Still looks a little rough, and not a perfect profile but far less fuzz. The bit was probably a little dull by the time I got here from burning on entry when plunging at 700mm/min.

Re: downcut on plywood = fuzz

Posted: Wed Mar 09, 2016 11:36 am
by WillAdams
If you're having issues w/ the Z-axis, your belt-tension is probably too low.

http://www.shapeoko.com/wiki/index.php/Shapeoko_3#Belts

Re: downcut on plywood = fuzz

Posted: Wed Mar 09, 2016 6:41 pm
by Brian Stone
houndel wrote:A few tests to report back:

These were all cut at 1300mm/min, 24,000 RPM with a new 1/8" two flute upcut endmill.
I think that's too slow for the RPM. Consider the chip loading, assuming a 2-flute end mill: 1300/(24000*2) = 0.027 mm per flute... that's way too low. You should try targeting a chip load around 0.1 mm for a 1/8" end mill.

If you're using the Dewalt 611, drop the RPM to 16000 with dial set to 1. And bump your feed rate to 3000mm/min. That gives you a chip load of: 3000/(16000*2) = 0.09375 mm per flute. Use a modest step down of 0.5mm at first, and then increase the step down if you feel confident. Many fast-but-shallow passes are often preferable to a few slow-but-deep passes. It'll save your bits from dulling or breaking, and the reduced RPM will save your router.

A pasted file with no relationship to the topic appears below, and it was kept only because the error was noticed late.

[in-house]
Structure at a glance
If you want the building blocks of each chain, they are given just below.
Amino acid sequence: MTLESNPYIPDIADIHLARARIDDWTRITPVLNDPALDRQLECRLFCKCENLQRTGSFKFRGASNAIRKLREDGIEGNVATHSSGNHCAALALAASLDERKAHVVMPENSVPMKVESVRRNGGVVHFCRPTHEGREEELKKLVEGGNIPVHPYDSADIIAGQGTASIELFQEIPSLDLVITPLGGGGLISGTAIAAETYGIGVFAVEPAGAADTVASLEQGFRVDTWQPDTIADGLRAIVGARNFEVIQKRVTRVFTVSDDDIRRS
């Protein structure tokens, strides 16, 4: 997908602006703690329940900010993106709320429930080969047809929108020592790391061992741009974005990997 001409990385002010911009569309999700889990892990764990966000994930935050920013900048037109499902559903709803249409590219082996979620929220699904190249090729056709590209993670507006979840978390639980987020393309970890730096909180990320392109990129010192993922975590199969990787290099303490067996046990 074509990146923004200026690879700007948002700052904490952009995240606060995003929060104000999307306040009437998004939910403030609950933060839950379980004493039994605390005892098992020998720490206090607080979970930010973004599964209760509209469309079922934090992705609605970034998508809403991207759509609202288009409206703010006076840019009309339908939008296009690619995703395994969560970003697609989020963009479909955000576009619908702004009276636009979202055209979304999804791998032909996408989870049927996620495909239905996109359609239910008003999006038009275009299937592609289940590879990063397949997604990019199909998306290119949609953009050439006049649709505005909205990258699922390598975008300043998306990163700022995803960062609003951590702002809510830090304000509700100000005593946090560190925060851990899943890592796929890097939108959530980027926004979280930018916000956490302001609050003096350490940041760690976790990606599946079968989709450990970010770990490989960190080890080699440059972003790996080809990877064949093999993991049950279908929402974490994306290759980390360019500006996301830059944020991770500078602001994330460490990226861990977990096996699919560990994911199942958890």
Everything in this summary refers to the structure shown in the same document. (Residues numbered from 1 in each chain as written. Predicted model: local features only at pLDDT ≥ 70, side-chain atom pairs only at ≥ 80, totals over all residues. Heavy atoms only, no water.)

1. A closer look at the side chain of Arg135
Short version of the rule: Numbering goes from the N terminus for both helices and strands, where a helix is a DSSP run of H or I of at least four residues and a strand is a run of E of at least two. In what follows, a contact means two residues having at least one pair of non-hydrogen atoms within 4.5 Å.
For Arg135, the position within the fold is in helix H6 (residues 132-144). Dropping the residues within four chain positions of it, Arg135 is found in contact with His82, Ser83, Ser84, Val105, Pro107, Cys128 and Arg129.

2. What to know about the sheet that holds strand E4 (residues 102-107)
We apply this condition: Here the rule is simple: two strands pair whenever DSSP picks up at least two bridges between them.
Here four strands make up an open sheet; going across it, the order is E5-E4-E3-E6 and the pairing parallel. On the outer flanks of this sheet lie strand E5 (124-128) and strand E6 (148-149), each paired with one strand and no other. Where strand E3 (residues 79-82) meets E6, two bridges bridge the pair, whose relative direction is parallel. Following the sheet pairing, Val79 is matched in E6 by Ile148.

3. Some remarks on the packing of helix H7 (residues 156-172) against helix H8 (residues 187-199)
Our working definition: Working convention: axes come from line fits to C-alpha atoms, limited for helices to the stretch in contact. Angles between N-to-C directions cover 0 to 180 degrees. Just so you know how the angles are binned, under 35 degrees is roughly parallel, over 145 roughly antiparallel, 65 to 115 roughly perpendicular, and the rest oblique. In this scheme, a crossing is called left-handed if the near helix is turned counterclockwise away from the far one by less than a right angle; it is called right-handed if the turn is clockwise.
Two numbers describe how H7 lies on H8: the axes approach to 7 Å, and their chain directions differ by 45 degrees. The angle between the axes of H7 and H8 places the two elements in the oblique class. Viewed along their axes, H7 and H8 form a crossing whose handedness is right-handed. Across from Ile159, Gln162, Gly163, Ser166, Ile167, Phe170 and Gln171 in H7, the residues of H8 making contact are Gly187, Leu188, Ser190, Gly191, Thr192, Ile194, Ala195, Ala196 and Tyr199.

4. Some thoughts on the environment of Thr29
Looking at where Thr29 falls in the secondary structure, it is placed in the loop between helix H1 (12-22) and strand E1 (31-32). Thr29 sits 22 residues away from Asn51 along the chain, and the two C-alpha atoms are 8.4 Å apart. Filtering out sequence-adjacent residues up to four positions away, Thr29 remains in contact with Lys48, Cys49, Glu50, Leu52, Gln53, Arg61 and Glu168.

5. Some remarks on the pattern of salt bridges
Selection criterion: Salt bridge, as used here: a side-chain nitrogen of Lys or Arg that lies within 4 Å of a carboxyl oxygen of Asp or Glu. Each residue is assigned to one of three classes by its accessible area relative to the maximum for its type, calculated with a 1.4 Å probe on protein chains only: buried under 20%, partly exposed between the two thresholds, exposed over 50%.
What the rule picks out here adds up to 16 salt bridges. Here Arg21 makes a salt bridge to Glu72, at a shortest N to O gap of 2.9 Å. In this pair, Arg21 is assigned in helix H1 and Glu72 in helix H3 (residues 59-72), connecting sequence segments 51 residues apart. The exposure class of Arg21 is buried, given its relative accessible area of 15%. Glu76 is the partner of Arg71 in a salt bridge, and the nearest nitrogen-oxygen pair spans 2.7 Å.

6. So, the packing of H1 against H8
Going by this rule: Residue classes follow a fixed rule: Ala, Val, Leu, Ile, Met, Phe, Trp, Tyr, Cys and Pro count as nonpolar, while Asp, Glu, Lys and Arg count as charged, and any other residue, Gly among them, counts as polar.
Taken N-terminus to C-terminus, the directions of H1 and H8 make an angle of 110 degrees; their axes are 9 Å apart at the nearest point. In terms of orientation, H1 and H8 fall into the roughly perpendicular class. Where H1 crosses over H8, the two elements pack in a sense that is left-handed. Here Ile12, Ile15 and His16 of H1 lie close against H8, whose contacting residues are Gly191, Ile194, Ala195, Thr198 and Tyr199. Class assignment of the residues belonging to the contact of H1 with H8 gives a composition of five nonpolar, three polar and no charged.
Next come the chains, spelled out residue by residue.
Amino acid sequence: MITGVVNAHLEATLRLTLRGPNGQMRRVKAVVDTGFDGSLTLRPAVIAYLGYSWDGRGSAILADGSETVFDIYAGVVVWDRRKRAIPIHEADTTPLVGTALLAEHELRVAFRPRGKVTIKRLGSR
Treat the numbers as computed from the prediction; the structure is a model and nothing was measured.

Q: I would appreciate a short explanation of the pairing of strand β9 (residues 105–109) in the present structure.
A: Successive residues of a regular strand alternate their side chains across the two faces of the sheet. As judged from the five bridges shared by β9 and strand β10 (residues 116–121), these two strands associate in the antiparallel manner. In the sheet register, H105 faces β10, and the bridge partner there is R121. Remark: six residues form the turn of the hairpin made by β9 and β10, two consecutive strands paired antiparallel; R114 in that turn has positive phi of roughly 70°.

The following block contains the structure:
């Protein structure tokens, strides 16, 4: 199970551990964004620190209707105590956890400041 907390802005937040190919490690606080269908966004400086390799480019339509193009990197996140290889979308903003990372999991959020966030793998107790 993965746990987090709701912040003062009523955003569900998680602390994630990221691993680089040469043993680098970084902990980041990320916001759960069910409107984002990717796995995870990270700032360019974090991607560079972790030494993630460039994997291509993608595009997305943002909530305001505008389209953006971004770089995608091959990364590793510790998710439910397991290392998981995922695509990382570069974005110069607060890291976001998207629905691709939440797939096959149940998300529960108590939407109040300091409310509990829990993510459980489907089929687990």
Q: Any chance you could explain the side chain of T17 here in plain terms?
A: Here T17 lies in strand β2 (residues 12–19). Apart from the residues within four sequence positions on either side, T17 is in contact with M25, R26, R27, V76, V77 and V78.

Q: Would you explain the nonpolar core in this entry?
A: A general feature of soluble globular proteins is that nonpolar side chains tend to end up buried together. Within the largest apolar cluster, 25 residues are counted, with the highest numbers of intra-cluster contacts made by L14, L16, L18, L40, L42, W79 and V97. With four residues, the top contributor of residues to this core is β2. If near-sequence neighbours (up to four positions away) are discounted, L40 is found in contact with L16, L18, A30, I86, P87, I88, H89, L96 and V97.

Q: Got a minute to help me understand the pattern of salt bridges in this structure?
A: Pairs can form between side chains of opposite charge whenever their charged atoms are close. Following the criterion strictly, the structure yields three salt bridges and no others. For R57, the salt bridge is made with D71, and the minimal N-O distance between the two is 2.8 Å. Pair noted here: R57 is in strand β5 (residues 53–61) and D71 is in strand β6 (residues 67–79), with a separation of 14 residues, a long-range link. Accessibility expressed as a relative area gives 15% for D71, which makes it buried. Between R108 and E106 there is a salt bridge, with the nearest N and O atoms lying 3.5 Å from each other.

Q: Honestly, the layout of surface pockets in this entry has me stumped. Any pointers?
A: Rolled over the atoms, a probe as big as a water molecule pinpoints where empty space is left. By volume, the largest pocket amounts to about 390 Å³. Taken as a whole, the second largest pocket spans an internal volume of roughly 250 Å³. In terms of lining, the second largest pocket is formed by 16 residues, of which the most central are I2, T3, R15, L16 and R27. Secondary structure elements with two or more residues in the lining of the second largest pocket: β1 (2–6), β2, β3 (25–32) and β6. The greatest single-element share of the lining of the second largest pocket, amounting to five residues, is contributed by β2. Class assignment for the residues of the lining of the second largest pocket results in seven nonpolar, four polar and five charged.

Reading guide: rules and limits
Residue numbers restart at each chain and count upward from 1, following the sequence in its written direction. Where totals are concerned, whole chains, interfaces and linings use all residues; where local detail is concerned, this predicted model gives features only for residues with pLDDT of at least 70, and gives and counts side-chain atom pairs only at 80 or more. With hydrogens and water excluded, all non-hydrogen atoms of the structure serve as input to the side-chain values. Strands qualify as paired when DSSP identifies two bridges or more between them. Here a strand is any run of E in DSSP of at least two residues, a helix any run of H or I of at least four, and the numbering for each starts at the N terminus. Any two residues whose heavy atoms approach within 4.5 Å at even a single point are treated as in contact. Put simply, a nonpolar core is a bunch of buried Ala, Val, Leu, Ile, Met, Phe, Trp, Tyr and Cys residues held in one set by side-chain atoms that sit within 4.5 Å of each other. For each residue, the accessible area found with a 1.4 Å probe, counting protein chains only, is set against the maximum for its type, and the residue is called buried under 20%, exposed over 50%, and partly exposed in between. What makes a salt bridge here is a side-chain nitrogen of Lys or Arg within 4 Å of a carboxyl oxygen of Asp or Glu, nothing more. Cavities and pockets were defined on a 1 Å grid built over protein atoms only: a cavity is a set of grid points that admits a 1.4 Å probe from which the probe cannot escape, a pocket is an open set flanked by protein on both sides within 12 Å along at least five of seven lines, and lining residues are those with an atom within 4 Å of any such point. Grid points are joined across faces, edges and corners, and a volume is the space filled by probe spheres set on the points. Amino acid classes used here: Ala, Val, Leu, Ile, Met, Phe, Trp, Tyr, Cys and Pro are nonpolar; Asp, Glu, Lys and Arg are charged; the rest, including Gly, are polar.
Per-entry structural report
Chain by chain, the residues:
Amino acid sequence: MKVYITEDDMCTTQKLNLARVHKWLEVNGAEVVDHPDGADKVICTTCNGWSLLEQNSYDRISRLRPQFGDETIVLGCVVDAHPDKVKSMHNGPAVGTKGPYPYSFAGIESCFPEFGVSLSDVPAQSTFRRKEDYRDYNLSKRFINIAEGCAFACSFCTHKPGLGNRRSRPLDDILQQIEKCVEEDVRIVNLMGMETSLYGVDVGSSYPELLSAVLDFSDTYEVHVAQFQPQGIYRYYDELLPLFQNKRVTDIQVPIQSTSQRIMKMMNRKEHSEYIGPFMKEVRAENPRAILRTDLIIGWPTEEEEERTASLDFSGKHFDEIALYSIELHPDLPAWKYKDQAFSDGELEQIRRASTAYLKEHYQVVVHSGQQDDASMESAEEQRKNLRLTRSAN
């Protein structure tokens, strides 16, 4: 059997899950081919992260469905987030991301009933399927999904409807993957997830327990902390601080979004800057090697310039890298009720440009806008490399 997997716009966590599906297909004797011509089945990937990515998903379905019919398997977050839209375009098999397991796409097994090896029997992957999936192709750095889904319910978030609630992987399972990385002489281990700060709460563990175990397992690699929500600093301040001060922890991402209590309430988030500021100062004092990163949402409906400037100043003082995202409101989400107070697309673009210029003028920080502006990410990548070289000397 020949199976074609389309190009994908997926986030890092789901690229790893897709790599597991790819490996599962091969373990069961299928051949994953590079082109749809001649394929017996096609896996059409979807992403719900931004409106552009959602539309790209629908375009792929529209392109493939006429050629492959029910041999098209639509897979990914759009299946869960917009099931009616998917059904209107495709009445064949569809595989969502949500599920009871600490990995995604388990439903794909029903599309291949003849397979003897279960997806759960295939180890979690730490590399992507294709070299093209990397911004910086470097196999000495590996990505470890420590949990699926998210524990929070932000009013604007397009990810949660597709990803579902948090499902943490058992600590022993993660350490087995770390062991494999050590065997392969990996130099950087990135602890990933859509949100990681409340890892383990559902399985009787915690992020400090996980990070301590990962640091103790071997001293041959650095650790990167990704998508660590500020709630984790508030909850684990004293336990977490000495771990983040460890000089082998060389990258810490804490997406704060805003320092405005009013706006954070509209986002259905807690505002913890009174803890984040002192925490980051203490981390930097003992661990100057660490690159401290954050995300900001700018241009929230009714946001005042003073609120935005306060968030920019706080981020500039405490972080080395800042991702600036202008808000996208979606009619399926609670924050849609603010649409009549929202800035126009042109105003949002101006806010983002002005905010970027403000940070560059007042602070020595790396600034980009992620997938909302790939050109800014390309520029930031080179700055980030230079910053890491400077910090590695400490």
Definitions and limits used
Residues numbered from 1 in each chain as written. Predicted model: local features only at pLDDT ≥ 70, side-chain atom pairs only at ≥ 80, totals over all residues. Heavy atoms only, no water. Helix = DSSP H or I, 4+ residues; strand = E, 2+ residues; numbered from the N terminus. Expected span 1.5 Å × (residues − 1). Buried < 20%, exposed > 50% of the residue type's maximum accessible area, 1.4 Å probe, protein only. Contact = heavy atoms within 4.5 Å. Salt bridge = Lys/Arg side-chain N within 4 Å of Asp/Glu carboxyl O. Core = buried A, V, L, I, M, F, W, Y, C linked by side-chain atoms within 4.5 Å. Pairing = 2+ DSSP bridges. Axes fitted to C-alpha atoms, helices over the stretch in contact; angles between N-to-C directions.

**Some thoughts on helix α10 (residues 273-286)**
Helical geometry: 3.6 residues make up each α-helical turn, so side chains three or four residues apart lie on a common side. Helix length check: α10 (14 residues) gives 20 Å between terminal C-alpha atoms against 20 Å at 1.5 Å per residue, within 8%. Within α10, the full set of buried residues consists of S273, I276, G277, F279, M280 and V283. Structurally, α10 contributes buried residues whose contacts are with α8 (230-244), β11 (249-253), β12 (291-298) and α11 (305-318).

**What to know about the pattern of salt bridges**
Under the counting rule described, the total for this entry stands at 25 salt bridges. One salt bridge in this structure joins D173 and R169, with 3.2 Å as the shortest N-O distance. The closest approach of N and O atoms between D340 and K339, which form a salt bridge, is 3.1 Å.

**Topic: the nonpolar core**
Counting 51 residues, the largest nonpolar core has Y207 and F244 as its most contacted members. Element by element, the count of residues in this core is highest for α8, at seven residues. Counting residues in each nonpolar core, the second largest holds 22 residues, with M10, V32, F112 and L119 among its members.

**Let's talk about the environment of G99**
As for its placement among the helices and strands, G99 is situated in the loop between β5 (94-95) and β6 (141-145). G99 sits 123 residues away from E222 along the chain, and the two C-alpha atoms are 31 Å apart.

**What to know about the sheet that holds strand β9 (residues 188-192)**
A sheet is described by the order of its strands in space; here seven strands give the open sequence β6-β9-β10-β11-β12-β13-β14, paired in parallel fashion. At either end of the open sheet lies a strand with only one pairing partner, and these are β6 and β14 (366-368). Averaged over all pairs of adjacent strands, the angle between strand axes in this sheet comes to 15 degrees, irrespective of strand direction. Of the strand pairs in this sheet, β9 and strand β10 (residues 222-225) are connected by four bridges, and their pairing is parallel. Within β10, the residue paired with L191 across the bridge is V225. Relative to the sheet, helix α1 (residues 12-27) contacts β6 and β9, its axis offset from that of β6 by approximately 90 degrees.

Also, use Climb milling for this pocket to get the most cutting power for the money. There's no reason to use Conventional in this particular case.
- Much better results, however my shapeoko 3 can only plunge 3mm - it jumps teeth even at 3mm depth.
Are you jumping teeth or missing steps? If you really are jumping teeth, then your belt tension is too loose. If your motors are skipping steps when you push them hard, then could be your motor current is too low.